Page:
Discernment. Online
Search our site here         

News updates News
Reviews of tapes, CDs Reviews
Tributes, profiles Features
1-minute reviews Punch in
Book notices, reviews Books
Artiste and business classifieds Yellow pages
Expert recommendations Guru's choice
Editor's note and people behind The Music Magazine Editorial
Readers' mail Letters
Back issues Archives
The Music Magazine Home



Comeback for the
singing star

Rajkumar returns to the screen after many years, that's an event in itself

Rs 45

The release of a Rajkumar film is always a huge event in Karnataka, but Shabdavedhi is rather more special. The biggest star of the Kannada film industry returns after a break of several years, and so there's much more anticipation and excitement in the air.

Rajkumar is perhaps the only real singing star left in the Indian film industry. Others may sing a stray song here, or rap a couple of lines there, but can hardly claim a systematic grasp of music like him. He brings with him his experience of singing for company drama, and can handle with ease not just routine film tunes but tough classical ragas as well.

Rajkumar plays the role of a righteous police officer again. He is called 'Shabdavedhi', like Dasaratha, who could hunt with just his keen sense of hearing. By this very talent the king also earned a curse which sent Rama to the forest.

Hamsalekha's music is a mix of enjoyable and mediocre tunes. In the first category fall Prema Kashmira and O Gelathi (both by Rajkumar and Chitra). Hamsalekha retains an approachable simplicity in the music as well as the lyrics. Prema Kashmira is as much about the beauty of Karnataka as about Kashmir.

O Gelathi is a slower tune. The movements are dramatic with sudden changes of temper. The hero apologises to the heroine for his hurtful words, which he had to speak because the call of duty was greater than personal sentiment.

In both these songs Rajkumar's singing is open-throated. Nowhere does he falter; his voice is agile. Healthy, open-throated singing all his life has trained it no doubt, although you may feel it's not as good as it was when he sang his early '80s hits.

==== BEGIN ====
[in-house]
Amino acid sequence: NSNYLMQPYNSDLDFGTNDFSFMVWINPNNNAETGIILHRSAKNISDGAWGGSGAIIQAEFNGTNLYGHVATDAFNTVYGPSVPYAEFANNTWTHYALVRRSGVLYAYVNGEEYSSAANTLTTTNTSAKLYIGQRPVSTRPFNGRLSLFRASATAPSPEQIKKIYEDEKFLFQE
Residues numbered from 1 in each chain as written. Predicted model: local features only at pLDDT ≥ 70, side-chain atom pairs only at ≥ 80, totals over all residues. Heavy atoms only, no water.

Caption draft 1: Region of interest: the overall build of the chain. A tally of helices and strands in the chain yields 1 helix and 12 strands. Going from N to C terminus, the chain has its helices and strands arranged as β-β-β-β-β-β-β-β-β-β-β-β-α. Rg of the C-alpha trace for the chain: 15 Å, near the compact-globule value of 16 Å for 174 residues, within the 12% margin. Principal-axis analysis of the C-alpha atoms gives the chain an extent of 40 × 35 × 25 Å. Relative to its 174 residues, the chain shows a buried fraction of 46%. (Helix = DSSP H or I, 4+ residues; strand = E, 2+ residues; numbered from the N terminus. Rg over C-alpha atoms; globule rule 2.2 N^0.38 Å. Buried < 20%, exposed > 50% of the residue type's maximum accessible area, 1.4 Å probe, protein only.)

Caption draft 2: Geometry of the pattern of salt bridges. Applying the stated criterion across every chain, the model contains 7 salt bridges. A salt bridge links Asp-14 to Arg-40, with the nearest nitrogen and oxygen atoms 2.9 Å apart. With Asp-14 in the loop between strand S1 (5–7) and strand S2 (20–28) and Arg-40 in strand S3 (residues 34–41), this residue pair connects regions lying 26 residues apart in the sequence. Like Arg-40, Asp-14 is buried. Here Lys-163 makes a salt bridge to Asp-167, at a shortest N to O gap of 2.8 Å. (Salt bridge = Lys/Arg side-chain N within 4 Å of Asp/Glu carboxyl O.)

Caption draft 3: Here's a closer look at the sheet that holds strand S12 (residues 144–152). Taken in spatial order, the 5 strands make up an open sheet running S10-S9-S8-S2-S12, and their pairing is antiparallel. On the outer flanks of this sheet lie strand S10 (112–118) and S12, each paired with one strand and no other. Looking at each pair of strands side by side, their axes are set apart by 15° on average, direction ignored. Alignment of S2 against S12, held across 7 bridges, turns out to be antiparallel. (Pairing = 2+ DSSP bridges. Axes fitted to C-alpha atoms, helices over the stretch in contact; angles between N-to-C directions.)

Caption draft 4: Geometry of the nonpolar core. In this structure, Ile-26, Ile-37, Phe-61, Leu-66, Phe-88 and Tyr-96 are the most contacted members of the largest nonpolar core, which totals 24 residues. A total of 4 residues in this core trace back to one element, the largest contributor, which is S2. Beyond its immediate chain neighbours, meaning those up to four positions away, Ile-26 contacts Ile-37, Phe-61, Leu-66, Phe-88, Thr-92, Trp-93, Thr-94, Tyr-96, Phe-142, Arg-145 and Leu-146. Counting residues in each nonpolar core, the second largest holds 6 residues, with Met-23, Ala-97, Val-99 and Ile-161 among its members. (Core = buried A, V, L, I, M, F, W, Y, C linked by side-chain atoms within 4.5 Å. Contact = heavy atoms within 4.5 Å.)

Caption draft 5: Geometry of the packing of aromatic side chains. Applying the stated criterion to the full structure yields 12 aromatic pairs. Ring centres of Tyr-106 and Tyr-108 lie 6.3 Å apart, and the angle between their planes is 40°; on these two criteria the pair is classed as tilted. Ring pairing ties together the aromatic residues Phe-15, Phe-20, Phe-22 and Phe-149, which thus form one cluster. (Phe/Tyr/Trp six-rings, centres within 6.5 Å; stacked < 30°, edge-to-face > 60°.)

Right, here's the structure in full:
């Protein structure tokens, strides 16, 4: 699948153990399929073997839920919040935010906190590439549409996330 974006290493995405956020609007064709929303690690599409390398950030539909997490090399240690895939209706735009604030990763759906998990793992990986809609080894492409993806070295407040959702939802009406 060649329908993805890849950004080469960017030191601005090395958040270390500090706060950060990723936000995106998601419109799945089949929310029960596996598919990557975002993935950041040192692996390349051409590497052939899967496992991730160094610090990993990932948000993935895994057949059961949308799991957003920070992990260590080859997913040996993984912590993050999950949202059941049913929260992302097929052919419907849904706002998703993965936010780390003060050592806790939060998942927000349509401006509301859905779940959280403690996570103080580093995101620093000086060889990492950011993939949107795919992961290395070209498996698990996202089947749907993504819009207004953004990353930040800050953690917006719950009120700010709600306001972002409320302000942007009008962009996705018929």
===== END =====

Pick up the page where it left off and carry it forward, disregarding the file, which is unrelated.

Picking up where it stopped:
Rajkumar and Chitra sing Thayare thayare, a folk-style song with an energetic chorus and a vigorous beat. This love song has a sighing descent and the orchestra is well-arranged with short phrases.

Namma yajamanaru mocks at the middle class pride of the wife in her husband. Some speech and banter spices it up. He has bought her everything that caters to her snobbery -- a fridge, a TV, etc. Rajkumar advises her to overcome her greed (atiaase). When she says, 'What's god before my husband!' Rajkumar sighs 'Kottlalappa bhari title-u' (What a title she gives me!)

Baaro baaro, the film's only song by S P Balasubramanyam, eulogises Shabdavedhi as the slayer of evil. The tune naturally is aggressive and full of kettle drums and marching pipes and flutes. The opening shloka from the Gita is well sung and harmonised.

Janarinda is actually Rajkumar's conversation with his faithful audience. He says the people are his god, and have made him what he is. There's also a bit of rhetoric about youth and their power to change the world. The words remind you of Naaniruvude nimagagi from Mayura, the song that became Rajkumar's trademark at all his public meetings.

send us your comments

News | Reviews | Features | Punch in
Books | Yellow pages | Archives | Guru's choice | Editorial | Home

Copyright and disclaimer © 1999-2000, www.themusicmagazine.com, Inc.